Political parties that adopted the campaigning code of conduct last September – under much international pressure – have violated it 300 times during the run-up to the elections.
How do we know this?
The Georgian Institute of Politics (GIP), a think tank, analyzed statements from all leading prime-time talk shows on 20-30 October, interviewed the activists and experts.
The full study is available here (pdf).
What did they find?
- Party speakers rarely spoke about programs or policies: More than half of their statements had nothing to do with either, one-third was touching upon programs and policies, while only 10-15% was dedicated to promoting their policy points.
- The leading parties spoke about programs/policies the least: 65% of statements from the Georgian Dream speakers and 68% from the United National Movement were not related to their programs or policies.
- Those who spoke about their policies have fared poorly in elections: Movement Lelo, Strategy Agmashenebeli, and European Georgia spoke about their policy stances more than others but tanked in polls.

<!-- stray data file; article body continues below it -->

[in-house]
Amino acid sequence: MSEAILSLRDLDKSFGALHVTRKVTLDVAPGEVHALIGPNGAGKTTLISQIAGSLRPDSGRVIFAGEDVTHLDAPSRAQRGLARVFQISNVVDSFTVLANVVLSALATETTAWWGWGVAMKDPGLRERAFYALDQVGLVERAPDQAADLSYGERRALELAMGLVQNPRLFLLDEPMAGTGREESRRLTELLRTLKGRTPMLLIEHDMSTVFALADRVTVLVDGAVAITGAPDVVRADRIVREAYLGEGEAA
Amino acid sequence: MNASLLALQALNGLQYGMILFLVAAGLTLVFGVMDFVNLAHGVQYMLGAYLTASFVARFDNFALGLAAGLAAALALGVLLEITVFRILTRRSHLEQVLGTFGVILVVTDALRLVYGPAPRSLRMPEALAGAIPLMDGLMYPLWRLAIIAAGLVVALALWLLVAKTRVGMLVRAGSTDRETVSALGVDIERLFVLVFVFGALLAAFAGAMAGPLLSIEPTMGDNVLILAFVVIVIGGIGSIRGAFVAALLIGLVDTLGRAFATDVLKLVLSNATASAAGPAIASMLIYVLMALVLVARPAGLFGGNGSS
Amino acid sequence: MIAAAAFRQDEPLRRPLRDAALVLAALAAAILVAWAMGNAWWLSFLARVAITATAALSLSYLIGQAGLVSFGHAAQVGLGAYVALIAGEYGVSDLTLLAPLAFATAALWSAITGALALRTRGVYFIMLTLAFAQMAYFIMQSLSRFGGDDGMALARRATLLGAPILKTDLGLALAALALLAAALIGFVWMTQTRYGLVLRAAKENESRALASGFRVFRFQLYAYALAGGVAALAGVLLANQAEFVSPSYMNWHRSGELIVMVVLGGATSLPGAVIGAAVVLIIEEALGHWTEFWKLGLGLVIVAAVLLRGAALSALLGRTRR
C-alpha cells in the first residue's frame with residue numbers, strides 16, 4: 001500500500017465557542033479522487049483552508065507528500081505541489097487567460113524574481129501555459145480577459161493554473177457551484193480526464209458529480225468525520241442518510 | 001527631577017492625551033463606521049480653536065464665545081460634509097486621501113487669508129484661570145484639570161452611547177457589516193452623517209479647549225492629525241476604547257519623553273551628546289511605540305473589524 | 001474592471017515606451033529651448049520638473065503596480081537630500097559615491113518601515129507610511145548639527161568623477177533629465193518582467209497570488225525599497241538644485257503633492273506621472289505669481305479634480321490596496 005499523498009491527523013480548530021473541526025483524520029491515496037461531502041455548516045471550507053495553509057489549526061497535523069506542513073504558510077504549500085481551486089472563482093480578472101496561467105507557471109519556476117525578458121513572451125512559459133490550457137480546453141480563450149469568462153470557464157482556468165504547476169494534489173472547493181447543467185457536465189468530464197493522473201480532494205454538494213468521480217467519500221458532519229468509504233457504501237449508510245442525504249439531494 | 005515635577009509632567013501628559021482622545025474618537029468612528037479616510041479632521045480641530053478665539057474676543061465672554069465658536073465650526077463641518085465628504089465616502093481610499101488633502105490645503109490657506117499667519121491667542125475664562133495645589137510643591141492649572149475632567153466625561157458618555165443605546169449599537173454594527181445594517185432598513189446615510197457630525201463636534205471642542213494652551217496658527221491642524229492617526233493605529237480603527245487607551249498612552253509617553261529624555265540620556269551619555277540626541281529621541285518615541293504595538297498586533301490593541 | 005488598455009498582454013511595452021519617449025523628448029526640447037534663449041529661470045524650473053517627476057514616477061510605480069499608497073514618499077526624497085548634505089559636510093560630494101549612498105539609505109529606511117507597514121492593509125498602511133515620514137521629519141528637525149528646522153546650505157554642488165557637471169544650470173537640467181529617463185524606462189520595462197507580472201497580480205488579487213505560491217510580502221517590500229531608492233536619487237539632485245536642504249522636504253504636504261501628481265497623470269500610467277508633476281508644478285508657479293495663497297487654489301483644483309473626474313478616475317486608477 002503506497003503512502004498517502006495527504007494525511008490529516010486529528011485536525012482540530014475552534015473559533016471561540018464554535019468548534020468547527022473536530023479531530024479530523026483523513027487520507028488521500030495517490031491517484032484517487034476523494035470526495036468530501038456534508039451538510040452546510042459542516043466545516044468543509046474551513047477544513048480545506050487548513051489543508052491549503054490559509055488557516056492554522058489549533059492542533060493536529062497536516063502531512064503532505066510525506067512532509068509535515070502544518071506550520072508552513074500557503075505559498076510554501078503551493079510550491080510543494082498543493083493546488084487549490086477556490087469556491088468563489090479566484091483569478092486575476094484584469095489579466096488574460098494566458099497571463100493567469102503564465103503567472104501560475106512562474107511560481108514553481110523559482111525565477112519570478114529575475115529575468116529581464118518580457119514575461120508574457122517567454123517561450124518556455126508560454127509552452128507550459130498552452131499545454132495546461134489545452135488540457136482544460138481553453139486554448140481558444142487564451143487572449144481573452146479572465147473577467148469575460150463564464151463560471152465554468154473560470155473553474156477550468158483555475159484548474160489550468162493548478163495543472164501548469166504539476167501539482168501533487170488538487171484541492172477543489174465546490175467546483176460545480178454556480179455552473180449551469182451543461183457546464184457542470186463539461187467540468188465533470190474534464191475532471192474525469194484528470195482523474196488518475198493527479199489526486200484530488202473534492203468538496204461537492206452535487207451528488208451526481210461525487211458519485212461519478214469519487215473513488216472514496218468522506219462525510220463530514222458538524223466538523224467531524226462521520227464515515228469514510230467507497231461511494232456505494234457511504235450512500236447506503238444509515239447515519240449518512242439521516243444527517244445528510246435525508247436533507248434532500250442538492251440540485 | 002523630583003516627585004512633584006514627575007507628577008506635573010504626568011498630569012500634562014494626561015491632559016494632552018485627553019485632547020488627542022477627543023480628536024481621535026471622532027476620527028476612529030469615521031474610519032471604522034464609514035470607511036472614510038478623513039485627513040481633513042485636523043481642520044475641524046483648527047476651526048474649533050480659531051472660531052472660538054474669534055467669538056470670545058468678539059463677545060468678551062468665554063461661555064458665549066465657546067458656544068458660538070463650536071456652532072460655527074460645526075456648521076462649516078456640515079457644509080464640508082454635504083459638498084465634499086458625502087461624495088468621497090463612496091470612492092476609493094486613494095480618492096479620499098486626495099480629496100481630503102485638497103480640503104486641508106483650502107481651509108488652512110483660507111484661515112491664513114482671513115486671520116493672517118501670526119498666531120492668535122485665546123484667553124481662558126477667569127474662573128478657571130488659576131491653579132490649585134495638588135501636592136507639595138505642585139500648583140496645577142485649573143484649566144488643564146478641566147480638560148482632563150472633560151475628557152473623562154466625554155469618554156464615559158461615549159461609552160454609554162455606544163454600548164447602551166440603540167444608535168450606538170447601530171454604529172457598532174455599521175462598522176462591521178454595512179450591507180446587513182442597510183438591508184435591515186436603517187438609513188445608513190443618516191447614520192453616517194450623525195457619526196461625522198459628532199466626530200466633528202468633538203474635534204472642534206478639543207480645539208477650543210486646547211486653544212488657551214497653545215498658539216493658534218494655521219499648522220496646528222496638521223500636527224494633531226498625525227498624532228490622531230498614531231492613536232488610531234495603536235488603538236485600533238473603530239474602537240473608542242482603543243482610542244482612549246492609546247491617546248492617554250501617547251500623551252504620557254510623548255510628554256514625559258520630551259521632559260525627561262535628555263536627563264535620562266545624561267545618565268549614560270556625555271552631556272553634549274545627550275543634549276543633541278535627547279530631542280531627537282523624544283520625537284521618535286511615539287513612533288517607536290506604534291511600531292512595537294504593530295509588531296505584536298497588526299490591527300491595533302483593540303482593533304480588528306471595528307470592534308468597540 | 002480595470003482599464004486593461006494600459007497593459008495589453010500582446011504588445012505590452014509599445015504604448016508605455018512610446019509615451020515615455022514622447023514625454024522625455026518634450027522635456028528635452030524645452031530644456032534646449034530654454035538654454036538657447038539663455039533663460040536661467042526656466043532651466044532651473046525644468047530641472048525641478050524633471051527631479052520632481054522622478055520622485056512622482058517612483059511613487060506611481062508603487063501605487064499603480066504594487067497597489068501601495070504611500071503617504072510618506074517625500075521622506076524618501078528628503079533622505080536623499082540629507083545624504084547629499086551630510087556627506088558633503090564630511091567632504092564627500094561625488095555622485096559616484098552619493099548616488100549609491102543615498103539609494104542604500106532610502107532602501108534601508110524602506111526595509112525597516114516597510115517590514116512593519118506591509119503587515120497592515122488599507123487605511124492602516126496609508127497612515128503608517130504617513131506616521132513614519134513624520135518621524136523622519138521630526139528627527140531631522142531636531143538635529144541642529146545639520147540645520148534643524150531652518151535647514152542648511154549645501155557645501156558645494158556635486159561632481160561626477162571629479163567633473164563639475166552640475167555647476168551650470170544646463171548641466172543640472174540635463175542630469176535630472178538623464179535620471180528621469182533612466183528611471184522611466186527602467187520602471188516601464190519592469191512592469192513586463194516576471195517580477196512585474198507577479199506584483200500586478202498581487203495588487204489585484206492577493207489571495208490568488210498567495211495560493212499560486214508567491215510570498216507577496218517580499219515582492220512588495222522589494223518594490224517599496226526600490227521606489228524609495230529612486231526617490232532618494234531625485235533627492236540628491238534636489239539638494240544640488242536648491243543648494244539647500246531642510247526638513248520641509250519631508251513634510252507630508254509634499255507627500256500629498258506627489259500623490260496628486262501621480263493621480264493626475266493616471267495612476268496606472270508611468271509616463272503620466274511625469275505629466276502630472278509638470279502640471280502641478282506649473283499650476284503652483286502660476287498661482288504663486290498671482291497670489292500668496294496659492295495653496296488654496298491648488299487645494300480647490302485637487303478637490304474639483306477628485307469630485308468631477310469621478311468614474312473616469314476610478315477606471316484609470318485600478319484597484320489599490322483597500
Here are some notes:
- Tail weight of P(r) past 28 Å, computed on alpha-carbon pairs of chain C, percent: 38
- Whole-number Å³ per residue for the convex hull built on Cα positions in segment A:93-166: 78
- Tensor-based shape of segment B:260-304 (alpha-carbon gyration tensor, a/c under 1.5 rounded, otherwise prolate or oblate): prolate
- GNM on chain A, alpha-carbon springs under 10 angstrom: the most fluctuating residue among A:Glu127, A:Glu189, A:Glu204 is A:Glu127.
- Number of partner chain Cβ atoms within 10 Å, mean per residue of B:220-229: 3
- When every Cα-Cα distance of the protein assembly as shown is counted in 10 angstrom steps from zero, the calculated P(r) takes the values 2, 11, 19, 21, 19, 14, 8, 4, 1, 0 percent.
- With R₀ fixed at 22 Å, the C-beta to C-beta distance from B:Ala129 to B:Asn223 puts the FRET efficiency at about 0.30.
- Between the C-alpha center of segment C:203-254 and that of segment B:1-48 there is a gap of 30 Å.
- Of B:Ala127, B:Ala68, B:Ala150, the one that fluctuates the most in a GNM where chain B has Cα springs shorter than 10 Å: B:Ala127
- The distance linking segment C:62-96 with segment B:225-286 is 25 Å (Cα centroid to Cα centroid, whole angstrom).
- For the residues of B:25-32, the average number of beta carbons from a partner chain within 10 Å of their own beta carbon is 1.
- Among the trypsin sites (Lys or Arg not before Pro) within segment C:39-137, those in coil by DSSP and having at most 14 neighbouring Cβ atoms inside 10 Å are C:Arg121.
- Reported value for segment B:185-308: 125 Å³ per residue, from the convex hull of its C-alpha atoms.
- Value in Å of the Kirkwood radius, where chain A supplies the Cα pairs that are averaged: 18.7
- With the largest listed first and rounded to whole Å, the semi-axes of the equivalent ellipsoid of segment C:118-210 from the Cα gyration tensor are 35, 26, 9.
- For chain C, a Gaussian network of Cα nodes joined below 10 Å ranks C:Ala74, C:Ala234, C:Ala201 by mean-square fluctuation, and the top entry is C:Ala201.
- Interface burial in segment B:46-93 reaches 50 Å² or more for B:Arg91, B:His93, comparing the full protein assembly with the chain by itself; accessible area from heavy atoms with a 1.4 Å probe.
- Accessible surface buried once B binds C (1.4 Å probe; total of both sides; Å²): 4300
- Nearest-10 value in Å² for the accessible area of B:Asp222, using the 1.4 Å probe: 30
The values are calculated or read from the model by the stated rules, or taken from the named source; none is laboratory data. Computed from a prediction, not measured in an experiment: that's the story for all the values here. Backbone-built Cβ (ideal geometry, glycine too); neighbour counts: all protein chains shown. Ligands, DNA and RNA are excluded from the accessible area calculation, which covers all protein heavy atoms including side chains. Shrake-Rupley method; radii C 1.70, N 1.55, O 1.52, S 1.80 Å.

- Party leaders were more likely to use offensive language against their opponents, in violation of the Code.
What else is new?
Using offensive language and making ungrounded accusations against opponents is the daily fare of the Georgian politics and this study proves it, but also gives some curious details:
- The European Georgia leads the pack of offensive speakers, rather closely followed by the United Movements and the Georgian Dream.
- Georgian Dream, UNM, and European Georgia were excelling in mud-slinging, but the ruling Georgian Dream was more often on the receiving end of accusations and blame – being one (ruling) party against nine opposition ones affects these statistics.
Was it worth it?
Researchers suggest developing and adopting the Code of Conduct was still worth the effort – not least because it helped analyze the party conduct against its provisions. If the Code of Conduct holds, while the media and public hold the politicians more accountable to it, things might start changing for the better. If they want to go seriously about it, the parties must ensure their activists know about the Code and convince their leaders to be more polite and statesmanlike. But we all have our homework: if the voters don’t reward good behavior and keep voting for those who partake in mud-slinging and brinkmanship, the Code of Conduct alone won’t change the incentive structure.
This post is also available in: ქართული (Georgian)